Accessories would be a good chipping hammer and wire brush, a good air compressior if you are going to be thinking about arc gougeing and cutting. Get a 5 inch grinder instead of the 4 in ones. Disk last much longer and grinds faster with the bigger grinder. Assorted types of disk to fit the grinder. A Bench grinder is handy to have around. Chopsaw, bench vise, a tape measure with the magnetic tip, assortment of clamps and magnet holders. Consider the leather arm covers and apron to prevent burns, as well as a good pair of welding gloves. Leather boots, nothing like a hot welding bead burning thru a pair of tennis shoes. Ear plugs are another good safety feature, splatters have a way of finding a path into your ears, and it hurts like heck. A good drill press and hand drill, as well as a good assortment of drill bits and maybe some bi-metal holesaws. Might as well buy a Drill Doctor to keep those bits sharp. A portable electric hacksaw is nice and maybe a floor model metal bandsaw. Yea, I know, I'm getting carried away. But once you start, you will probably want all these things, even if you dont really need them.

04-04-2007, 11:16 PM
Thanks Muddstopper!

Good tip about the boots, I would not have thought about that until the little toes were smoking.

04-05-2007, 04:24 PM
Thanks Muddstopper!

Good tip about the boots, I would not have thought about that until the little toes were smoking.

You will like the ear plug tip even better. Dont wait until you are trying to overhead weld and a piece of slag gets into your ear to try that tip out.
Take my work for it, I've been there and done that and it hurts.

04-05-2007, 08:24 PM
YUP! Did the ear slag thing about 5 yrs ago cutting a bracket from a frame. Right down the ear canal! Bled for a few days. Hurt like hell! Ear plugs are a must now!

04-08-2007, 11:48 PM
ok, after further research and the help gathered on lawnsite, I have decided to go with a mig welder.

I am leaning towards a 175amp / 220volt mig welder. This seems to be a versatile enough machine that I will not outgrow anytime soon.

I will startout practicing with the flux coated wire, then maybe later add some gas for prettier / thinner welds.

The machine I am considering is a lincoln 175. Output is 175amp 208/230-volt.

Now for an ignornant ? I have a 220 outlet set up for a delta unisaw(tablesaw). Is there any reason why I should not use this 220 outlet. Would the difference between 208/230 lincoln welder and the 220 outlet cause any problems for the welder.

04-08-2007, 11:57 PM
Nice, how thin of metal will one like that do? Check what your current breaker is rated for and make sure it is within that of the welder. Nice choice though.

04-09-2007, 12:08 AM
It will weld as thin as 24 gage.

Another ? This welder has a 30% duty cycle. Will the machine stop welding by itself when this has been reached or will I need to keep up with the time used?

04-09-2007, 12:23 AM
Even my Clarke has a thermal cut off so I would think Lincoln would have one as well. I doubt you will ever have to worry about the duty cycle though. I welded for what I thought was several minutes straight and my 110v never stopped. My neighbor who is a pro welder by trade said the same thing about never coming close to the duty cycle using it in the way you describe. Just leave the power switch on while in use and for several minutes after your done so the cooling fan can do it's job.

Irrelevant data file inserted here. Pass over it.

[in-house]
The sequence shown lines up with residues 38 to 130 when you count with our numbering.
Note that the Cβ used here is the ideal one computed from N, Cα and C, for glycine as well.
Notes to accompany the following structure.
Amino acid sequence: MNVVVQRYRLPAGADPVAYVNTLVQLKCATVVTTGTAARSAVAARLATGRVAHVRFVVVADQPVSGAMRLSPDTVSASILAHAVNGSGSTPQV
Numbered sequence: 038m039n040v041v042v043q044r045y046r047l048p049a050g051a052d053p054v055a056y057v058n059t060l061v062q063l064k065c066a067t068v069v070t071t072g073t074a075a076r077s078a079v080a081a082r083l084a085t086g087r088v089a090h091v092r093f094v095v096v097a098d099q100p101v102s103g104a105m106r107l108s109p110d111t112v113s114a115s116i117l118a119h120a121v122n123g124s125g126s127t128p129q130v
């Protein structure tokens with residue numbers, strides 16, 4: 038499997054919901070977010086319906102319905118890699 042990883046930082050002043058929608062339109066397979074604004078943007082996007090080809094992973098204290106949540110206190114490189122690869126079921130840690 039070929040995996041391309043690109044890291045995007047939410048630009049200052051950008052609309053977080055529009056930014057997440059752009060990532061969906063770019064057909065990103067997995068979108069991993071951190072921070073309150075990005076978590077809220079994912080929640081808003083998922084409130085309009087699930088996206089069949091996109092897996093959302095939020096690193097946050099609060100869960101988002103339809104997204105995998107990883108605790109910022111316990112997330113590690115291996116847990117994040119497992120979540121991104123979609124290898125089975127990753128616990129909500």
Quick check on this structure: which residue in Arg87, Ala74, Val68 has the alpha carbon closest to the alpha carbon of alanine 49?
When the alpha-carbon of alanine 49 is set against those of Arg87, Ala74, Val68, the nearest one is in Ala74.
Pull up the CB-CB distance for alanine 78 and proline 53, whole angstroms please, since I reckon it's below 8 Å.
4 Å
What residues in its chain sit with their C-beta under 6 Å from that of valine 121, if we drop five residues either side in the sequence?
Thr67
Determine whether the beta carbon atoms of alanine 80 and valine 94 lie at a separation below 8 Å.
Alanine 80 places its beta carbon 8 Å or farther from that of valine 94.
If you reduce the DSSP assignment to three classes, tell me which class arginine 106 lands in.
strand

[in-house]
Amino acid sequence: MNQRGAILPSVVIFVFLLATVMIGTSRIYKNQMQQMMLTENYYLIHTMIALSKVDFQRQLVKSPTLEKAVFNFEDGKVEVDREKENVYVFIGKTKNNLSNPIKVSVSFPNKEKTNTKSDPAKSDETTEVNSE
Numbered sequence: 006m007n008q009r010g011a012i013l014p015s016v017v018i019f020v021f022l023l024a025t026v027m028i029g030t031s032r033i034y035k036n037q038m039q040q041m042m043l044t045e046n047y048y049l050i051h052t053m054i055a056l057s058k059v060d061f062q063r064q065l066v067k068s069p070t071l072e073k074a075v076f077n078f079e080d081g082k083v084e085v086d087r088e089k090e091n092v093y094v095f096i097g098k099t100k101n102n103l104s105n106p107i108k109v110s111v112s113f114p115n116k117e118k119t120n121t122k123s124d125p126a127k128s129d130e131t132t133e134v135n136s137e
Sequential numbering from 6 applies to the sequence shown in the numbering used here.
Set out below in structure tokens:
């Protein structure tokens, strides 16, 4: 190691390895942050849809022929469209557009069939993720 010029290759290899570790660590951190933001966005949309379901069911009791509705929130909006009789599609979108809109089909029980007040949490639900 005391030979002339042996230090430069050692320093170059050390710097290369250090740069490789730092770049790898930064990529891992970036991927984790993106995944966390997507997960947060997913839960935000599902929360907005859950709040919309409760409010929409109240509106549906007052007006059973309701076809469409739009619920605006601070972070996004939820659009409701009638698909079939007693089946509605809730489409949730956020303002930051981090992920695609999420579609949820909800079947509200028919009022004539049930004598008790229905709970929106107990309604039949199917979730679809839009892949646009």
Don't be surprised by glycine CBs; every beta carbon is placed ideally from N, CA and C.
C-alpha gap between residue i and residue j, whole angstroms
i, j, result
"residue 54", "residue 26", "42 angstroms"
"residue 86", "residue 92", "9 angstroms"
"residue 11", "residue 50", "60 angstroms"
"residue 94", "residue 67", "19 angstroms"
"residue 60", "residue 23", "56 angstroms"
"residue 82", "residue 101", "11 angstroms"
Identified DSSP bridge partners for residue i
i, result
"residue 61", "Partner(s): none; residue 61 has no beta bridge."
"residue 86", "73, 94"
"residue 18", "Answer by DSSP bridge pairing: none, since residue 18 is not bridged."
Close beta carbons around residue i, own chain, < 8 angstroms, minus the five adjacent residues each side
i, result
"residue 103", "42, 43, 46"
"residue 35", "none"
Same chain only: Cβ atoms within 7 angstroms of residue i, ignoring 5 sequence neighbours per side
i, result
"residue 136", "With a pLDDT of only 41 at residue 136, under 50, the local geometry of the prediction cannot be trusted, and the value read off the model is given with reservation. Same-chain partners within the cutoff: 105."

04-09-2007, 09:43 AM
What is Duty cycle? Duty Cycle- The amount of time a machine can be used at a particular output. Expressed as a percentage of a ten minute cycle, a 150 amp machine with a 30% duty cycle set at maximum will allow 3 minutes of use for every ten and a 60% duty cycle would allow 6 minutes of use for every ten. The duty cycle increases as the power setting decreases so if the 150 amp machine were to be used on a 30 amp setting the duty cycle might be 100% allowing it to be used 10 minutes out of every ten.

Keep in mind, however, that the actual total time a machine can be used continuously is not determined by a timer, but typically by a thermostat within the machine which will shut it off if the machine is too hot and needs to cool down before it does more work. Therefore, even a 30% machine can be used more than ten minutes at a stretch. Factors affecting duty cycle include whether or not the machine has an internal fan and ambient temperature of the work area.

From http://www.daytonamig.com/faq.htm

04-09-2007, 01:13 PM
Take a class and practice, practice and practice some more.

A couple of years ago I ran over a trailer tire, came off the guy in front of me going 70 mph on I-40. His self made spare tire holder broke, did some major damage to my car.

MIG or stick, either one is easy to learn with a good teacher. Unless you do sheetmetal repair, nothing is wrong with a good stick welder.

04-09-2007, 01:30 PM
Dad and my brothers have been using migs for last 20 years. For general repairs a mig will do just as good a job as a stick. In fact they used on several equine projects, the flatbed that I have on my old pickup and a lot of items in between.

Both a mig and stick welder can do sloppy poor welds as well.

Practice, practice, practice.

04-09-2007, 11:46 PM
Thanks for the replies.

Not to worry, there will be plenty of practicing before I will attempt any structural welding.

I am sure there will be more questions as I go along.

04-10-2007, 07:26 PM
That 175 lincoln will last you a life time, and unless you start doing a lot of fab work with heavy metal, it will be the only machine you will ever need. Personally, I like Miller products better. I suspect with your Lincoln you can change out the tip and use smaller wire and weld tin cans together, or use .035 or .040 wire for the heavy gage stuff. Fine you some scrap steel and start playing with temperatures and wire speed before you tackle a real welding project.